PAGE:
- Food and Cooking
The coconut is a palm found in the moist tropics. The coconut palm is indispensable to the economy of some areas and supplies many products for local use, especially on islands in the South Pacific where it may be the only important crop. The green coconuts supply a nutritious drink; the ripened nuts furnish food and oil, the latter being used for cooking and for lamp fuel. Coir, a fiber obtained from coconut husks, is used in brushes and rope. Coconut shells serve as cups and as fuel. An alcoholic drink, syrup, and sugar are made from the sap of the unopened flower cluster. The leaves are used for thatching and for baskets, and the trunk serves as a building material.
Distribution and Origin
The coconut palm grows along coastal areas, and occasionally inland and at elevations up to about 2500 feet (750 meters), throughout the humid tropics. Coconut palms are grown to some extent in the subtropics, but productivity of these palms is low. An annual rainfall of at least 60 inches (150 cm) , distributed fairly uniformly throughout the year, is essential for maximum productivity unless underground water is available.
There is some question as to the coconut's place of origin. Most authorities believe the coconut is native to tropical America and became dispersed in prehistoric times through the Pacific islands and adjacent areas. How dispersal occurred is not known, but man was probably partly responsible. The coconut, however, is well adapted for dispersal by ocean currents. The fruits (the coconuts) can float for months, and when cast ashore they are capable of producing trees if conditions are favorable. About half the world's coconut production comes from non-cultivated palms.
The cylindrical trunk of the coconut palm (Cocos nucifera) is 60 to 100 feet (18 to 30 meters) and is ringed with leaf scars. About 25 to 30 large pinnate leaves a re clustered near the top of the trunk. Each leaf, which may grow to a length of 20 feet (6 meters), consists of a strong fibrous leaf stalk (petiole) and a midrib (rachis) from which extend many leaflets.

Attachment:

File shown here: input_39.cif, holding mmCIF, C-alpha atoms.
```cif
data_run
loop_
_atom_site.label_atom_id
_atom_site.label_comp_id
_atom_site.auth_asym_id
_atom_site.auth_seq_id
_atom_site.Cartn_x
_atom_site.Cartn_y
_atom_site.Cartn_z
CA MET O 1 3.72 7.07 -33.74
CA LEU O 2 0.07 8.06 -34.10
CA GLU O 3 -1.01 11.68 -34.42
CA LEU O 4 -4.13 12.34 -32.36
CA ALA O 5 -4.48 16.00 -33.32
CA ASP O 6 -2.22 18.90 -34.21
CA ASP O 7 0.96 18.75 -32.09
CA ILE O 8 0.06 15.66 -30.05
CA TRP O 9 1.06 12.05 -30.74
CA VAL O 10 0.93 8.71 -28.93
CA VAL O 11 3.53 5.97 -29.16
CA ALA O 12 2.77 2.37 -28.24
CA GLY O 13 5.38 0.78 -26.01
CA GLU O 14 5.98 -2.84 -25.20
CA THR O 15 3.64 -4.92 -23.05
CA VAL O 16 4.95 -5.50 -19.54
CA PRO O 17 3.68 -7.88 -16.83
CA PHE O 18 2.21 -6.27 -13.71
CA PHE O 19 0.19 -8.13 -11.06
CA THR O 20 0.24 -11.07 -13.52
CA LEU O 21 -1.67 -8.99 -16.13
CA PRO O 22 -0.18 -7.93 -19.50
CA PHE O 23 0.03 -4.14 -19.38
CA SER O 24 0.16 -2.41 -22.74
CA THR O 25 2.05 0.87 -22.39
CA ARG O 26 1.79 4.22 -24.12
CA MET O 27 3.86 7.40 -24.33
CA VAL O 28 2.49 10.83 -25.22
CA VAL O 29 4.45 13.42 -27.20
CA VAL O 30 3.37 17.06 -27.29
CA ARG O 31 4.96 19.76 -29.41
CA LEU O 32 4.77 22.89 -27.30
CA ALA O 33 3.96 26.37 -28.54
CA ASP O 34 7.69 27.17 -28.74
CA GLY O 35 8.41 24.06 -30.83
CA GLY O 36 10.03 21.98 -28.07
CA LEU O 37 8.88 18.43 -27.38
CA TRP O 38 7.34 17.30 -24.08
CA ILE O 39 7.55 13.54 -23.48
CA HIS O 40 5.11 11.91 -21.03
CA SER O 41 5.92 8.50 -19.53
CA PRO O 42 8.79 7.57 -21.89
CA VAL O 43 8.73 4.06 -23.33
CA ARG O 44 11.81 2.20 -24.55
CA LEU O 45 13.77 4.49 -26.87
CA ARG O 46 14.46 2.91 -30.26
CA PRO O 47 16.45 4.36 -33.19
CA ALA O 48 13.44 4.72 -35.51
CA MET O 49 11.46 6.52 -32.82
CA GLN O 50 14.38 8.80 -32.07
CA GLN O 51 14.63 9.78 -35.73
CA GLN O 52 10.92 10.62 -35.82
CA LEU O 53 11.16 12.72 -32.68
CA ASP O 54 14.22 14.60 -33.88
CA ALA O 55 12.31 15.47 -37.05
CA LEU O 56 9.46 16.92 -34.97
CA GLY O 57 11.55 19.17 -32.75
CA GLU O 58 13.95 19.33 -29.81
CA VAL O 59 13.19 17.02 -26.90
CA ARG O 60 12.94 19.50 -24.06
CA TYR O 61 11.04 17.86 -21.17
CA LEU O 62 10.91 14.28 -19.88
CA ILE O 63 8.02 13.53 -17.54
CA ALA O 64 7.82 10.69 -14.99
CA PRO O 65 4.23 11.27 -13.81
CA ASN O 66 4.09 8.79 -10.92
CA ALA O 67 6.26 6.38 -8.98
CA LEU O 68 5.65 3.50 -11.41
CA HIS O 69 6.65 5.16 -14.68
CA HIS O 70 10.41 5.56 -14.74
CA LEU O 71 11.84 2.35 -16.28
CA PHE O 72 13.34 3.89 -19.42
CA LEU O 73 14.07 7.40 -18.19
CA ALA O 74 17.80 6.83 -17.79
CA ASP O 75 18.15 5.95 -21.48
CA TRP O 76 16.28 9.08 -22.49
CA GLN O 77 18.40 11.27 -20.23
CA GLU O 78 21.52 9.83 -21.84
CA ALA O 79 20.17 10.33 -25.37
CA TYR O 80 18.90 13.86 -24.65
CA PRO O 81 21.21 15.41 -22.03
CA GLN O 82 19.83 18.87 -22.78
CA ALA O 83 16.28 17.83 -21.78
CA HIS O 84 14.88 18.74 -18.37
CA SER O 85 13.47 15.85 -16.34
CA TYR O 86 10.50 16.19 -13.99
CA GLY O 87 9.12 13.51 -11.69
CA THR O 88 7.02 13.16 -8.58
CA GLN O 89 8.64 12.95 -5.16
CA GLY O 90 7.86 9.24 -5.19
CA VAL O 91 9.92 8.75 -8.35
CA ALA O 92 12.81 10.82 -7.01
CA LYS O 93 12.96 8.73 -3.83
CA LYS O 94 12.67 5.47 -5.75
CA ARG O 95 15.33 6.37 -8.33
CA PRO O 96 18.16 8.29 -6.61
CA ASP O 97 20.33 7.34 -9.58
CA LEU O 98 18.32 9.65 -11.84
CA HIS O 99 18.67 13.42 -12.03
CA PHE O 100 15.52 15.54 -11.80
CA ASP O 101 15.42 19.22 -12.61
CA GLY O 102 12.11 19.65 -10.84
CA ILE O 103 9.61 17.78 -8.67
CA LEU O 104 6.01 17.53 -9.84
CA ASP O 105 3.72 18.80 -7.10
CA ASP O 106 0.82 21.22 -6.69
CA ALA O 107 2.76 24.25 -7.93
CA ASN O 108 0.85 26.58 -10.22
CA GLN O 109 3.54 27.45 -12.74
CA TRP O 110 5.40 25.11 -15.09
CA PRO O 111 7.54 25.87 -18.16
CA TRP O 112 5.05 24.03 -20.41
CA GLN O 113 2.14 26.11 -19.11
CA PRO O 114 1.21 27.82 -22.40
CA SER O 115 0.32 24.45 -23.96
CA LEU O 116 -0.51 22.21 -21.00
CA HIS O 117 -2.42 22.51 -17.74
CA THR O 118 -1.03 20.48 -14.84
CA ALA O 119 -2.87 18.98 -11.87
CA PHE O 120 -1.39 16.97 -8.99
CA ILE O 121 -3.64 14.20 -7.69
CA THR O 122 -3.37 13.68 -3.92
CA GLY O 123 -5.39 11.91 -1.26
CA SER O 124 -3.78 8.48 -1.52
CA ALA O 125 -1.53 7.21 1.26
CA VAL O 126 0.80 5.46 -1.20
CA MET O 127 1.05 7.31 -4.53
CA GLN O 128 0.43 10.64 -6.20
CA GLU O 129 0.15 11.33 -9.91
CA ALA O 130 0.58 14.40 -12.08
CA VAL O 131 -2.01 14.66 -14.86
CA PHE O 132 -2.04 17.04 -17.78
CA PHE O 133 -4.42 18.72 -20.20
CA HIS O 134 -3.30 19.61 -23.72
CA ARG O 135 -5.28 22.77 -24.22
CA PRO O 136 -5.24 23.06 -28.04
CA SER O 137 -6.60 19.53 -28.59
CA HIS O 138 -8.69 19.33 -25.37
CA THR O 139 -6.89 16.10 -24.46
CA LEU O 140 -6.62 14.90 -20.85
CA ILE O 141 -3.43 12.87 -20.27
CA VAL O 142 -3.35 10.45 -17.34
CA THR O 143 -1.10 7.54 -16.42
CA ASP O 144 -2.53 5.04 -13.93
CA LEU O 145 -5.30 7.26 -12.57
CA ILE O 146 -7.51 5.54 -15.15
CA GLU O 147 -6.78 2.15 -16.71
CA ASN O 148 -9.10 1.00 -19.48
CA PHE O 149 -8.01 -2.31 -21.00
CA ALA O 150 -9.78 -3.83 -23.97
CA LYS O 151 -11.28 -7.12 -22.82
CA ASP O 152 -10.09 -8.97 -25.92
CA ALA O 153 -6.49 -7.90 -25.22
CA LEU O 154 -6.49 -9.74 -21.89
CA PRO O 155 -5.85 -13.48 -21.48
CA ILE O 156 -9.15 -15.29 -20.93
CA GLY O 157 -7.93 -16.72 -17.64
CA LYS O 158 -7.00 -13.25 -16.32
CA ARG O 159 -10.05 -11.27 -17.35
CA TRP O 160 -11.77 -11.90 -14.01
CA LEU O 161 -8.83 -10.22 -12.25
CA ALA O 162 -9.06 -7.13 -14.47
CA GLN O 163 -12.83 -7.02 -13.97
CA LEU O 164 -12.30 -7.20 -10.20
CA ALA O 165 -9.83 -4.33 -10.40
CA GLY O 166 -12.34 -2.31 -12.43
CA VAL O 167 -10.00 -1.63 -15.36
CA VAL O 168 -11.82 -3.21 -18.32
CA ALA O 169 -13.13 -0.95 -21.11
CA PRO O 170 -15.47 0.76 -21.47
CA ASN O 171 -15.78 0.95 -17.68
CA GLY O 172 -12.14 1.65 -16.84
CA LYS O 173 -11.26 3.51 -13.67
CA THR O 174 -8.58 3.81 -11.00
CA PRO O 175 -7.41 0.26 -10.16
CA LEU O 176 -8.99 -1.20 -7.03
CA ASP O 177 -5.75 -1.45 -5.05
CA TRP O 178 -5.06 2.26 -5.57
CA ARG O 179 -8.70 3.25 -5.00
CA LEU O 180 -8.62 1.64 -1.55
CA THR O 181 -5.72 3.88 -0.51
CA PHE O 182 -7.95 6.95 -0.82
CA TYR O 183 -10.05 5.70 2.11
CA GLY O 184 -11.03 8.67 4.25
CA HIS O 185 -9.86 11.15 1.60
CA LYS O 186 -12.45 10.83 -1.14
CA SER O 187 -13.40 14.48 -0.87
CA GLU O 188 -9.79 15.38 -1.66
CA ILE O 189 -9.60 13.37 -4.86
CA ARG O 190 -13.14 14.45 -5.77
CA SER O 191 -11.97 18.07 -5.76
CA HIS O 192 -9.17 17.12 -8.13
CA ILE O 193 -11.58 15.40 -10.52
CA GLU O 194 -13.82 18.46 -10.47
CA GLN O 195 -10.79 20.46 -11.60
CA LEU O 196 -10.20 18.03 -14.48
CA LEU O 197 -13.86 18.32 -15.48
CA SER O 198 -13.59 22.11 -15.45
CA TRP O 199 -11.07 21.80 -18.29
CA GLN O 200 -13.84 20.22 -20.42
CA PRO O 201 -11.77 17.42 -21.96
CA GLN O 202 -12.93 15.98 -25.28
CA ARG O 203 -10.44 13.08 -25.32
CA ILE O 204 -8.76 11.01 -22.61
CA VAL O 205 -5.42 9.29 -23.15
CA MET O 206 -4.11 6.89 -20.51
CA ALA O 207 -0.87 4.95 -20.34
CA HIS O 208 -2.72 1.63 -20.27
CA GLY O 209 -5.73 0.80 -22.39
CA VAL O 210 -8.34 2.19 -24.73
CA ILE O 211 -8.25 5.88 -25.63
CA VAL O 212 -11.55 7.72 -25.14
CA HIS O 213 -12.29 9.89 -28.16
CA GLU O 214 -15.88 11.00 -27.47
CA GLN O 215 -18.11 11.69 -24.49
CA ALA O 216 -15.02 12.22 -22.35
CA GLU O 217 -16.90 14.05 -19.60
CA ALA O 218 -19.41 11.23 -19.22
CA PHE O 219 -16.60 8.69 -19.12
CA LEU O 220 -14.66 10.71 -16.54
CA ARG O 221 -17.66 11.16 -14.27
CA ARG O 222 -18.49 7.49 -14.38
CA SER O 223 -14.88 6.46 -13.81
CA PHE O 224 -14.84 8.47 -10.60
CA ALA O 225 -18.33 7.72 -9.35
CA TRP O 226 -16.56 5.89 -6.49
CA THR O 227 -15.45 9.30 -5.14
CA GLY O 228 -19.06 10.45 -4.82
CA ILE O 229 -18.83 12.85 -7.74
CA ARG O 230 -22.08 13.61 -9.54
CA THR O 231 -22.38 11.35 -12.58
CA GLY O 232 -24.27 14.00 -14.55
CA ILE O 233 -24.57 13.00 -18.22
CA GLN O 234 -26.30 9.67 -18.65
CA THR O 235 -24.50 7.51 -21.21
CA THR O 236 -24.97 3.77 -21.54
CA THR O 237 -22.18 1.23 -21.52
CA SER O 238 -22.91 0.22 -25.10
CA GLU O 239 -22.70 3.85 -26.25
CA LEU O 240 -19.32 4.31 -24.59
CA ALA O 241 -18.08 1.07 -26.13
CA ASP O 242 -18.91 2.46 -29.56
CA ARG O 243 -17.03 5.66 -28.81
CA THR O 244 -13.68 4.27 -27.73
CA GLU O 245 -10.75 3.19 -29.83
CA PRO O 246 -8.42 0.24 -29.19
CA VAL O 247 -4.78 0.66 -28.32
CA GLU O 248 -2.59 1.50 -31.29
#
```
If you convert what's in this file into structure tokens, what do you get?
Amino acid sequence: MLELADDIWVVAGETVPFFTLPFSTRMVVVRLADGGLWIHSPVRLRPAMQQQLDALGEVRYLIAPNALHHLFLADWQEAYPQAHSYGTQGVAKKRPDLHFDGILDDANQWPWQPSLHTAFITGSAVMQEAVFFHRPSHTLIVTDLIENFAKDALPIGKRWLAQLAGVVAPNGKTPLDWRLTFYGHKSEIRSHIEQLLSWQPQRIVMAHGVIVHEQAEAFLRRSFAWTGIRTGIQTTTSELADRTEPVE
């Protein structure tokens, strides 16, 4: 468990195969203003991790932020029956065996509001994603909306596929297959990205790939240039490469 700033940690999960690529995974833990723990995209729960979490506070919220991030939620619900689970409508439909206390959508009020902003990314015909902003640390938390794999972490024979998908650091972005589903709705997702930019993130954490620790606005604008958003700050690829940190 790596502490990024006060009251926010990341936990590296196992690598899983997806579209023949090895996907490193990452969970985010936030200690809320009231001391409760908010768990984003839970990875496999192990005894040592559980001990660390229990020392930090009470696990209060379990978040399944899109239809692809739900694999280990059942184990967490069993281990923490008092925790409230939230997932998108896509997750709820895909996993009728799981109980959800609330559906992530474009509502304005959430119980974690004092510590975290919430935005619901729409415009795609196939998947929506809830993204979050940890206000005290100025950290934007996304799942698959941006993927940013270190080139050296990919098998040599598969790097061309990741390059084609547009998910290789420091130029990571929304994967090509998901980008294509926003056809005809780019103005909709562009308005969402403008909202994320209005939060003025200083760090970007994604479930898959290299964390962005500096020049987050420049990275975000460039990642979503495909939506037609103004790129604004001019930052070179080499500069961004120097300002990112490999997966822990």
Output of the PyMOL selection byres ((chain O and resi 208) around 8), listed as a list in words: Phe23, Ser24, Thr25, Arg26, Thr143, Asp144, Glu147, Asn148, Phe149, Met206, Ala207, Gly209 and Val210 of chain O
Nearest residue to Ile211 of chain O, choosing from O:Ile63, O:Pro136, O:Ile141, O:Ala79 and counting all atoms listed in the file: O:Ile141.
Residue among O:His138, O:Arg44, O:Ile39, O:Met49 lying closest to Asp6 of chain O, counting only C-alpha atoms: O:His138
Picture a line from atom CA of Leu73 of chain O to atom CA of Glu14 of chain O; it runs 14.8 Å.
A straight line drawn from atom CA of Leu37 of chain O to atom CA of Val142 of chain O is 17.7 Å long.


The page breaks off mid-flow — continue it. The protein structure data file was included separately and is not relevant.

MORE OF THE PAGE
Flowering usually begins when the tree is 7 to 10 years old. A flower cluster, classified botanically as a spadix, is produced in the axil (the angle between the upper surface of the leaf- stalk and stem) of each leaf.
The immature nuts contain a copious quantity of coconut water. By the 12th month the fruit has little milk and may be 9 to 10 inches (23 to 25 cm) long. A thick husk surrounds the nut, which encloses a single large seed. The seed coat is pressed close against the nut.
Coconuts may be collected after they fall, or harvesters may climb the trees about every three months to cut the ripened fruits. Harvesting also can be done from the ground by means of a knife attached to a long pole.
Copra, the dried meat of the coconut, is the principal export product derived from this plant. Coconut oil, one of the most important vegetable oils, is extracted from copra. Other major commercial products are the fresh nuts, coir fiber, and shredded coconut.
The principal areas of production and export of coconut products are the Philippine Islands, Indonesia, Ceylon, Oceania (the islands of the west central Pacific Ocean) , and the Malay Peninsula.
Indonesia probably leads in production, but because of large domestic use, total exports are less than those of the Philippines, where they are the greatest earners of foreign exchange. The principal importer of coconut products is the United States.
The increasing importance of the coconut in world trade is due primarily to the extensive demand for coconut oil. Formerly, the oil was used mostly for making soaps and candles. All floating soaps were made from coconut oil, until it was discovered that other oils could be used if air was mixed with the soap during manufacture.
Because of its high lauric acid content, which imparts a quick-lathering property, coconut oil is used in the production of quick-lathering soaps.
Refined coconut oil is odorless and colorless; when solidified, it is white to yellowish in color and melts at about 22Â°C. Coconut oil serves as a butterfat substitute in margarine, chocolate, and other foods. It is also used in cosmetics and synthetic rubber and as a plasticizer in many products.